While I’m not a fan of sugar, I do believe some sports drinks can be beneficial due to added nutrients like potassium, sodium, and magnesium which help with muscle function. Be sure to compare sugar levels, and other ingredients like artificial sweeteners when choosing a sports drink. Also, some brands of water such as Smart Water and others, have electrolytes mixed in.

Just like loading up on water a few days ahead, it’s also a good idea to load up on good nutrition as well. Eating enough protein and fat will help stabilize your blood sugar and keep your energy levels up. The day of the competition, you’ll want to make sure you eat an adequate breakfast to keep you going throughout the day.

Even though food may be available at the event, take the extra time to pack some snacks that will help to fuel your energy levels. Nuts, jerky, protein bars and shakes are all easy options to take along. Whatever you decide to bring, make sure it’s packed full of protein and is as natural as possible.

Just a personal belief of mine, but I think that conditioning to the heat is as important as conditioning our horses. If we sit around under the air conditioning all the time and then wait until the coolest part of the day to ride, we’re not going to be prepared if we have to ride our horses in the middle of the day.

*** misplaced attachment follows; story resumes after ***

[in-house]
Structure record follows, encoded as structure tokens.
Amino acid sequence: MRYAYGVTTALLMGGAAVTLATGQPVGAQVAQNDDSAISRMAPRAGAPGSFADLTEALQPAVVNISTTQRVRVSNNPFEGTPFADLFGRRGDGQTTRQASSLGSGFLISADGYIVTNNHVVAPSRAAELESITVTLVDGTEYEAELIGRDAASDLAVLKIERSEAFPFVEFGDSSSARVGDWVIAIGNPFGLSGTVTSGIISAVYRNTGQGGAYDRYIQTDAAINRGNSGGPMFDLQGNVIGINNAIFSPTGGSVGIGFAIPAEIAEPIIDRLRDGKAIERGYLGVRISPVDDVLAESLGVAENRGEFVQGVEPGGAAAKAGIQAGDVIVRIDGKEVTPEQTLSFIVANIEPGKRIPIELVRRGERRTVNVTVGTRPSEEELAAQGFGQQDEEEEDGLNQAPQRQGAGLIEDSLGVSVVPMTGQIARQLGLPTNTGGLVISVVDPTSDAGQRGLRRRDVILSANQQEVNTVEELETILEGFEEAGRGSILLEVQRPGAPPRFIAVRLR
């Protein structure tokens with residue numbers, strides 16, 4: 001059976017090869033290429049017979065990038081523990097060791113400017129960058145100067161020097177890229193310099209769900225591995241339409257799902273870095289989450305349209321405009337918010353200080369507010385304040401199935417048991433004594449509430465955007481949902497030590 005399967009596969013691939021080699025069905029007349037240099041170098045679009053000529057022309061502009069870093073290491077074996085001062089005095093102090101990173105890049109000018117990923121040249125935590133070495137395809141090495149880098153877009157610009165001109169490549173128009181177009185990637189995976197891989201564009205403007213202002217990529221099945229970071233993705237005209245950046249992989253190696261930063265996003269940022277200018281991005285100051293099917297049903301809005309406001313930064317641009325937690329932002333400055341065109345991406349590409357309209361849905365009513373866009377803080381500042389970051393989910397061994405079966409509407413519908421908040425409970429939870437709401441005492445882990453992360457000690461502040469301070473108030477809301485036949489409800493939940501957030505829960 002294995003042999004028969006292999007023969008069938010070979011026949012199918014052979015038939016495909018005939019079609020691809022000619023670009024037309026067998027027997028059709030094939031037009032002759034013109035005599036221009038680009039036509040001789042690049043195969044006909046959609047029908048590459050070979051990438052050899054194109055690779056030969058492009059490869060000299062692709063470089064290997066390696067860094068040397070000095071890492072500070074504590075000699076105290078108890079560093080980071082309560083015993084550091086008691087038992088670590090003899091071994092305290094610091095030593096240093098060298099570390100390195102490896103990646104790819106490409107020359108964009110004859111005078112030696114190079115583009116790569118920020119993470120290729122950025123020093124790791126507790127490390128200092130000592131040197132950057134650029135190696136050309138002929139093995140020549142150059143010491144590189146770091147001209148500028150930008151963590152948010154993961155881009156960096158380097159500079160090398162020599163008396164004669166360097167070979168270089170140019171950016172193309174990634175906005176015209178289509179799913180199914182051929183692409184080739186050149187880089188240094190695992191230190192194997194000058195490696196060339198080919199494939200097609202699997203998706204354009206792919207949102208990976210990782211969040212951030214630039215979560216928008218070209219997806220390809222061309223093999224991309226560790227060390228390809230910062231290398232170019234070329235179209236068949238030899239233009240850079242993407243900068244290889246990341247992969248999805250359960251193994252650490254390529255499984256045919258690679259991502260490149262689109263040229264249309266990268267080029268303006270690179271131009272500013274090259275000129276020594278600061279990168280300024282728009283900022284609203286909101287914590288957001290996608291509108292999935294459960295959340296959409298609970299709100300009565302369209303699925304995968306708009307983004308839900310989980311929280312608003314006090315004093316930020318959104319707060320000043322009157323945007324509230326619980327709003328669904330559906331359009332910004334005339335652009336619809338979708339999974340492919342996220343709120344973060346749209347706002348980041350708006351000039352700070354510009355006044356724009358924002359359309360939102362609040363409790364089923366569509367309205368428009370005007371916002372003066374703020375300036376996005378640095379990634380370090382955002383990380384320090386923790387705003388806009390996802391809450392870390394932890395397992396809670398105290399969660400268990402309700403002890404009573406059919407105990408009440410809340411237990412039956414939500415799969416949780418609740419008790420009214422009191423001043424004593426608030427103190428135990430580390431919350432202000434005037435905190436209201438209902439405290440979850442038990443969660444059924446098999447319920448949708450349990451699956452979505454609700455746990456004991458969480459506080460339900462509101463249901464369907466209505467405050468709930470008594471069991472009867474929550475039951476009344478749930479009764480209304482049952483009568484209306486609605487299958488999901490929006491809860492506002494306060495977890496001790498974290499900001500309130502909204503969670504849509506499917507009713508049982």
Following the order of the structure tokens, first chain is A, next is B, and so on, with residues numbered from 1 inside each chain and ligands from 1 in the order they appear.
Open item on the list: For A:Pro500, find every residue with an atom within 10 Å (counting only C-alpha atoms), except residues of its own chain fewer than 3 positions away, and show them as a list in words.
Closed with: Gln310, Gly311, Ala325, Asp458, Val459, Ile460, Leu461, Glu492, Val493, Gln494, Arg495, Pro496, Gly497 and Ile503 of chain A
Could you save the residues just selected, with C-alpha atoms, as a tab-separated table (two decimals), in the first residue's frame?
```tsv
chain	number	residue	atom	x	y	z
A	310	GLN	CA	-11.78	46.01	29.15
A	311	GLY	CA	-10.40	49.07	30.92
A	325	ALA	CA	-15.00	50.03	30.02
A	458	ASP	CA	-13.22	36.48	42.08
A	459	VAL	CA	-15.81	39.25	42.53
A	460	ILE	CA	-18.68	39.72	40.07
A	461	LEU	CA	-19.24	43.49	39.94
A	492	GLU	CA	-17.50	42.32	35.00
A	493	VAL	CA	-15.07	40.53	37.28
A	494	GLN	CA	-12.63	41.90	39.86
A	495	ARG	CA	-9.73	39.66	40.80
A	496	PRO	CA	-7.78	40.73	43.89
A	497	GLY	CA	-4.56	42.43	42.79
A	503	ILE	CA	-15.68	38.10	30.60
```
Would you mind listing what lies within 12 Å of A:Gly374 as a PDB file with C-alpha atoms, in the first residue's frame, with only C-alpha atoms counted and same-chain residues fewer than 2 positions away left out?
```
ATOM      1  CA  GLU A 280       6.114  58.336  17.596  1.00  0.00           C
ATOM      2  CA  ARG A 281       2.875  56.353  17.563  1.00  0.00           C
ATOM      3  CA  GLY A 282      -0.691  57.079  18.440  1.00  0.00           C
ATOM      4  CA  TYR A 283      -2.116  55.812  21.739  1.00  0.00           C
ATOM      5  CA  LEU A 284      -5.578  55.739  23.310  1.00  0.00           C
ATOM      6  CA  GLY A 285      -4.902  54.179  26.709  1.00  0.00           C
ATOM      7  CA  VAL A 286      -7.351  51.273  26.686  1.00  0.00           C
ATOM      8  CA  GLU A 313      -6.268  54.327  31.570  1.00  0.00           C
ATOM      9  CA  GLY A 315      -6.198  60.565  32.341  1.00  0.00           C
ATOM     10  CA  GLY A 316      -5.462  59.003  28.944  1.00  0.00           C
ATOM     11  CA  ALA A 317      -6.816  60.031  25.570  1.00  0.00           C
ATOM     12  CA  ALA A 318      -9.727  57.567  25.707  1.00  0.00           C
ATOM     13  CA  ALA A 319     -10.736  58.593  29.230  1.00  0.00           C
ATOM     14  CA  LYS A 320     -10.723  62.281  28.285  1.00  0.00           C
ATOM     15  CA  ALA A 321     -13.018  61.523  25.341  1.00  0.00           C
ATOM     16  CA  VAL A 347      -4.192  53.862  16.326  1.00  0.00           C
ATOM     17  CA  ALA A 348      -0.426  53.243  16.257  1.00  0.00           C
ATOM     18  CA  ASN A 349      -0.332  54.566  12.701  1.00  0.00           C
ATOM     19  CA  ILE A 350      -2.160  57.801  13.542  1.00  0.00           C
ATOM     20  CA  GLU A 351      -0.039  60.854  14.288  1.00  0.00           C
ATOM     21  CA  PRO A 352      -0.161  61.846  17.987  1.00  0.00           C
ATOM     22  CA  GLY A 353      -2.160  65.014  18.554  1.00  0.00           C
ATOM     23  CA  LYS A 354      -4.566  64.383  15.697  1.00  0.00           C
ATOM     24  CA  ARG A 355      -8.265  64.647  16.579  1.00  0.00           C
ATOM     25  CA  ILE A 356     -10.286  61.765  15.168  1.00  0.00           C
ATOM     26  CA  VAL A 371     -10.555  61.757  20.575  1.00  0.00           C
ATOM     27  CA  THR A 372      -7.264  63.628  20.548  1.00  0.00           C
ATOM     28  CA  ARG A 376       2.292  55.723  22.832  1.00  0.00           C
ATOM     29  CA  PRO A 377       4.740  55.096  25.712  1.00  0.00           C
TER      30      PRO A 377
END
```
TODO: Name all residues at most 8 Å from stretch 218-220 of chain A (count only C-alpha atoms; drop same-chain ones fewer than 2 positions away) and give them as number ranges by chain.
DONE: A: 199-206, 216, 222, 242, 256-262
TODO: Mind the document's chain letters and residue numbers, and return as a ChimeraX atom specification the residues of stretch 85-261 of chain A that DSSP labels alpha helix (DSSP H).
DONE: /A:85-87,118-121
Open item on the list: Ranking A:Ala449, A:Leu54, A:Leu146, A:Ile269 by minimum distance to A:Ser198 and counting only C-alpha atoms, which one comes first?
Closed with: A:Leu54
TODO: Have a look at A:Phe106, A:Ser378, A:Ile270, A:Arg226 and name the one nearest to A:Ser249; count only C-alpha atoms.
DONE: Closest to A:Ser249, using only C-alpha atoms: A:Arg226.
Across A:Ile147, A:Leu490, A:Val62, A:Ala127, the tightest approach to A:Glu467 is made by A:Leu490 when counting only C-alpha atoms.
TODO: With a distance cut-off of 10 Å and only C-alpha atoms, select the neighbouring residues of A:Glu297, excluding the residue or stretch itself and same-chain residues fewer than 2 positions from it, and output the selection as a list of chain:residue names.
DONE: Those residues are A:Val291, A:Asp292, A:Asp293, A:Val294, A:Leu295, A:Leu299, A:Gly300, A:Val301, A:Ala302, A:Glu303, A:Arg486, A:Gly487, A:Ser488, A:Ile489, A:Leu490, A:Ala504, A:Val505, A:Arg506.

You don’t want to put you or your horse at risk by riding hard when it’s too hot to ride, but at the same time you don’t want to always wait until it’s the coolest time of day to work your horses.  Small things driving home with the window rolled down, or spending more time outside can help. Some common sense and progressive exposure will go a long ways towards building some heat tolerance.

With some planning and preparation, you can make your show or rodeo season go a lot smoother. By taking the time to eat well, loading up on liquids, and conditioning yourself to the heat, you’ll have a better chance of enjoying your event safely.

What are some things you struggle with during summer time rodeos or shows? What steps have you taken to beat the heat?

Client Horses At A Barrel Race